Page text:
The Vatican announced in February 2019 that Pope Francis had dismissed McCarrick from the clerical state after the Vatican Congregation for the Doctrine of the Faith found him to have engaged in “sins against the Sixth Commandment with minors and with adults, with the aggravating factor of the abuse of power.”
Professionals working with abuse survivors and survivors themselves contacted by CNS offered similar advice to those experiencing PTSD: remember you are not alone, that there are people — friends, family, mental health professionals, church victim assistance coordinators — who can guide you through difficult times.
Tom Tharayil, director of the Office of Assistance Ministry in the Archdiocese of Chicago, is among those who will await the calls from victims and non-victims alike.
“These stories are never presented with a trigger warning,” Tharayil said. “What happens is they’re assaulted all over again.”
His advice to survivors is to seek support from someone because having even a small network of people to discuss the challenges being faced will help in the healing process.
Beyond friends, family and professional mental health counselors, another resource Tharayil refers survivors to is The Healing Voices website at www.thehealingvoices.org. Developed by clergy abuse survivors, the site seeks to assist people reconcile their Catholic faith with the physical, mental, emotional and spiritual harm they have experienced.
Despite the recurrence of PTSD, Tharayil said he has found that “most (victims), on balance would prefer the information comes out even if this means they will be retraumatized, if you will.”
Victim survivors acknowledge that while a recurrence of PTSD can occur when high-profile news about clergy abusers breaks, it’s not all bad because “that helps raise community awareness,” Lennon agreed.
“People begin to understand that it doesn’t just happen in Pennsylvania. It happens everywhere. It brings a lot of people forward,” Lennon said.
Lennon told CNS he has received the support of his wife and twin daughters when he has a resurgence of PTSD.
Lennon, 73, who no longer practices Catholicism, said he was raped by a priest when he was 12 while growing up in Sioux City, Iowa. He said he had repressed the memory for decades until seeing a demonstration about 30 years ago outside of the Cathedral of St. Mary of the Assumption in San Francisco calling on church leaders to address clergy sexual abuse.
“It flashed back in my mind. ‘Oh, I was sexually molested by this priest for several months,’” Lennon recalled thinking. “It brought back memories of that. It was very difficult.”
He said he also sought professional mental health assistance and been able to adjust to dealing with memories of the abuse he experienced.
Heather Banis, victim assistance coordinator in the Archdiocese of Los Angeles, said managing PTSD is “about how to carry that burden differently” so that it does not become debilitating.
A support system is a must, she told CNS.
“It doesn’t always take the shape of a traditional family. It isn’t always as traditional as we might think. That’s OK. What matters is that you have it,” she said.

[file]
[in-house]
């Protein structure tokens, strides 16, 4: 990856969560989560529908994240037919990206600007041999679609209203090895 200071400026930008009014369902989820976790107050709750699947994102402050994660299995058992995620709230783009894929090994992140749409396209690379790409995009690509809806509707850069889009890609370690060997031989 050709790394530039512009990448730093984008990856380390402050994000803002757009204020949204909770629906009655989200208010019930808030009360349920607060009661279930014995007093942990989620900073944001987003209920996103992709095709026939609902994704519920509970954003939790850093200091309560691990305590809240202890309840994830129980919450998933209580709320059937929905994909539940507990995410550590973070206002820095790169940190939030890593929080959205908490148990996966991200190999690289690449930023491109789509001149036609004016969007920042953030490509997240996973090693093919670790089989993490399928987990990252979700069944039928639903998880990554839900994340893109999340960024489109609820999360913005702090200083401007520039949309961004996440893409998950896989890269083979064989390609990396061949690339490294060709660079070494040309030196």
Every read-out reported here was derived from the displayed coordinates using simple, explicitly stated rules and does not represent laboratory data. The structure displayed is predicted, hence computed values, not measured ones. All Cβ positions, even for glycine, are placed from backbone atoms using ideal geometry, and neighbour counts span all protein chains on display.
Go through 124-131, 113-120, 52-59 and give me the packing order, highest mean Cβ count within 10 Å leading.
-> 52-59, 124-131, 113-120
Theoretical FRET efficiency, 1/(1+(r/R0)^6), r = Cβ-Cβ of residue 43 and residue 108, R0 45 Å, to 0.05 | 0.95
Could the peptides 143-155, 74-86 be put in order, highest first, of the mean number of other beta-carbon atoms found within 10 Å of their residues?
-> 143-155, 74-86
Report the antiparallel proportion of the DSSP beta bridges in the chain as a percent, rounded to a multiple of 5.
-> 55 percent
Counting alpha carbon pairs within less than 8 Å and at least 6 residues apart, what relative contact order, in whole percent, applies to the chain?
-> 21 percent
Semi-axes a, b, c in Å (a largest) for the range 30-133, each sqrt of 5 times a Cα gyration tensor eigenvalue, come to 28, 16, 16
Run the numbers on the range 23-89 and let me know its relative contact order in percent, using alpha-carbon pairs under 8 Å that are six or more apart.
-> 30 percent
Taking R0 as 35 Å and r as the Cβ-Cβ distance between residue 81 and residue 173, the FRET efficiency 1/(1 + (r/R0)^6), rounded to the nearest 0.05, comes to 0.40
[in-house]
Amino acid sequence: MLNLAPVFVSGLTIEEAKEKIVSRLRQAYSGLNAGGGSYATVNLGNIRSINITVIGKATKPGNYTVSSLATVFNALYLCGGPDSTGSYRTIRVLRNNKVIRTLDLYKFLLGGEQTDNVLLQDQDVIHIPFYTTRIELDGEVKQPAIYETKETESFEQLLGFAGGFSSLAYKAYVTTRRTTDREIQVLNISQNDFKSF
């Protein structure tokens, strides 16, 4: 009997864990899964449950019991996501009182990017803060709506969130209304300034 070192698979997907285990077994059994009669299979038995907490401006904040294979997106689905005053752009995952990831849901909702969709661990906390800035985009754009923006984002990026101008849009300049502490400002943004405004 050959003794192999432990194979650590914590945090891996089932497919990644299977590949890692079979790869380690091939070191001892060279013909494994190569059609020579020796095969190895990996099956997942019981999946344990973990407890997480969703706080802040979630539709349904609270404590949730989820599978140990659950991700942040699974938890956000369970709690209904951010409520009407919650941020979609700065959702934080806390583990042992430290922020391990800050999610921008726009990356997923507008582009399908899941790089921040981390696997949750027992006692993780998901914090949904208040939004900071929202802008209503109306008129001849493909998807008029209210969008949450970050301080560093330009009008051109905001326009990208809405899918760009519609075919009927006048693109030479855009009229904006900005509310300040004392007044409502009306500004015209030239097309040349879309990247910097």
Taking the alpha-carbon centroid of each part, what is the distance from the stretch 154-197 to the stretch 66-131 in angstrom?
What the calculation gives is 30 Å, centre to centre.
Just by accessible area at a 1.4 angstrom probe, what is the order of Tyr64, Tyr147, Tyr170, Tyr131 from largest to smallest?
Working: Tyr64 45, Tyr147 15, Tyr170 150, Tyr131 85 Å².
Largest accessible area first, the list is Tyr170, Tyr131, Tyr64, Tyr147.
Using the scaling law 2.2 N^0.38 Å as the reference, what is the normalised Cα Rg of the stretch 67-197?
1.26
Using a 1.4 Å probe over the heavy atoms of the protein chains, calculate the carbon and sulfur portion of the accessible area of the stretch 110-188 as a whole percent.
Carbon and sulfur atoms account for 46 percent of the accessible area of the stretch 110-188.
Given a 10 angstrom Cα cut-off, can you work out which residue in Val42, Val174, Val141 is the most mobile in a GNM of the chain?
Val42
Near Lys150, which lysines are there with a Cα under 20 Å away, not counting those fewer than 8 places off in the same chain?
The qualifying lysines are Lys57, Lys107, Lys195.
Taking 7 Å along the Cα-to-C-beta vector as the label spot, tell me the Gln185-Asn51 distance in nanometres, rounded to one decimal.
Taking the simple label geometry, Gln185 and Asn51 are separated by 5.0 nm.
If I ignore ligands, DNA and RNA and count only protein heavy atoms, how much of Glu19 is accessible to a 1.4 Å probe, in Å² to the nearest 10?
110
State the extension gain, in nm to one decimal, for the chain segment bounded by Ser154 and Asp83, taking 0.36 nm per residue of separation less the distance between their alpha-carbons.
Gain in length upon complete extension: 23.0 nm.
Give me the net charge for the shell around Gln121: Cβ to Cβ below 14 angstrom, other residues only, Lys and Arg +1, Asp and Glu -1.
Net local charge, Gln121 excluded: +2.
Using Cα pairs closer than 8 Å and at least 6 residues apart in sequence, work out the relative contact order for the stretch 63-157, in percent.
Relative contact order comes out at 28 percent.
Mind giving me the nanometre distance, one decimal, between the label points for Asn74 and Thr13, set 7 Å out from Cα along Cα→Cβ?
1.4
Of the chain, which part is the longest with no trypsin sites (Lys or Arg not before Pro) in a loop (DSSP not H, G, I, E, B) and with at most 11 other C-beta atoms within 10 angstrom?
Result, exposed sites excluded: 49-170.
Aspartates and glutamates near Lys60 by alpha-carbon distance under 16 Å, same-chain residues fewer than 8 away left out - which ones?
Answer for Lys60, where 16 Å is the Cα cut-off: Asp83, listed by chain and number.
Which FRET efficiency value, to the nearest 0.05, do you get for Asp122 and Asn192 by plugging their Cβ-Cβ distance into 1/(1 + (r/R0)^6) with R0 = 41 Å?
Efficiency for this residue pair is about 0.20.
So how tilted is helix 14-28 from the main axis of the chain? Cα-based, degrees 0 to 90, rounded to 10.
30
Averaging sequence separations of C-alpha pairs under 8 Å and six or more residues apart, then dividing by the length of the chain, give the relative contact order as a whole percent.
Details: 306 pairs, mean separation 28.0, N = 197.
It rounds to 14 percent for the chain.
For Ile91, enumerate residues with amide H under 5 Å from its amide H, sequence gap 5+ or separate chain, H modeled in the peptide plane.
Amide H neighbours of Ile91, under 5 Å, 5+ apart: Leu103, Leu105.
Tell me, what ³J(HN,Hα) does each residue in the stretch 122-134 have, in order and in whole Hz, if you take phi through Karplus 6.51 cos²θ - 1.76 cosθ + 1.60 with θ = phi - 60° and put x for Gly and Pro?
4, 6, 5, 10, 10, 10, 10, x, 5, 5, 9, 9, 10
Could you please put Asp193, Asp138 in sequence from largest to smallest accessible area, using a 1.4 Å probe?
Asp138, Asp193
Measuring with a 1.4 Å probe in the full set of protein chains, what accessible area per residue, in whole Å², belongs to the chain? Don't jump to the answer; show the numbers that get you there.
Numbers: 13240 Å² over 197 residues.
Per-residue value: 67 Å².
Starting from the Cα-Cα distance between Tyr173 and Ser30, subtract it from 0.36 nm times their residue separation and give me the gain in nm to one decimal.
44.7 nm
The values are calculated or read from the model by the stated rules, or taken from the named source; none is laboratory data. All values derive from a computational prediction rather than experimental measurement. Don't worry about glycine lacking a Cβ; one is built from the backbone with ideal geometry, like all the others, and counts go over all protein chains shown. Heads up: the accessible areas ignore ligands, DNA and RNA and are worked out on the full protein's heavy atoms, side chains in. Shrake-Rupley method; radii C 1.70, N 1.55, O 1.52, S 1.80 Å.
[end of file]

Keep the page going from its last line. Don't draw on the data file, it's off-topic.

“So really taking care to nurture that support system is going to be important,” she added.
Banis said she expects the release of the McCarrick report will pose challenges to many survivors. At times, her office has reached to survivors when news about abusive clergy has broken.
“It’s going to be hard. There’s not a lot we can do with little or no notice,” she said. “In the end, my hope is people that we know about have either received for us and have gotten the support they need.”
Edwin T. Collins, a retired psychologist who lives near Buffalo, New York, has called for the church to be more pro-active in responding to the mental health needs of survivors. Writing in America magazine in May, Collins said counseling for PTSD should be “subsidized by the church as part of its reparations but not set up in any church or church-related facility.”
He told CNS in August that such support should go on as long as necessary.
Collins called for survivors to undergo cognitive behavior therapy, or CBT, a practice used to help military veterans respond to the recurrence of PTSD. He said that through CBT survivors can learn to recognize what triggers PTSD. Counseling would be tailored to individual needs, he said.
“You’re not going to cure survivors, but you can teach them coping skills,” Collins said.
Richter said his connection to the Catholic Church has enabled him to address PTSD when it rises anew. He said the peace circles he coordinates, while not with a formal church connection, can do the same for others.
“I recognize that every day of my life is impacted by what happened to me when I was a teenager: the way I think, the way I see work, the way I approach others, the way that I talk. But it doesn’t define me,” he explained to CNS.
He also said he believes the Catholic Church is responsible for doing more to help people overcome PTSD. “It would seem to me they would want to address this in some way beyond Virtus (abuse training) and naming sometimes unqualified and reluctant folks that come with a title ‘victim assistance coordinator,’” he said.
Deacon Nojadera said that although the church has spent millions of dollars for counseling and other mental health needs of survivors over the years, the work of helping survivors heal is far from complete. He said dioceses and the USCCB continue to seek stronger responses to the struggles of survivors in the hope of rebuilding trust.
“Will we ever eradicate this question of clergy sexual abuse and the inappropriate sins of the flesh? No. That’s part of the human condition. But our role, our mission, is to try to bring that down to as minimal as possible. And when it does occur, the church needs to know the importance of handling and stepping up to handle the situation in morally and ethically sound ways,” he said.
Richter also suggested that in cases where the church’s response to the needs of abuse survivors is insufficient, the church should forge stronger partnerships with community organizations and counseling-based professionals that can offer the appropriate assistance.
“Just,” he said, “don’t do it badly.”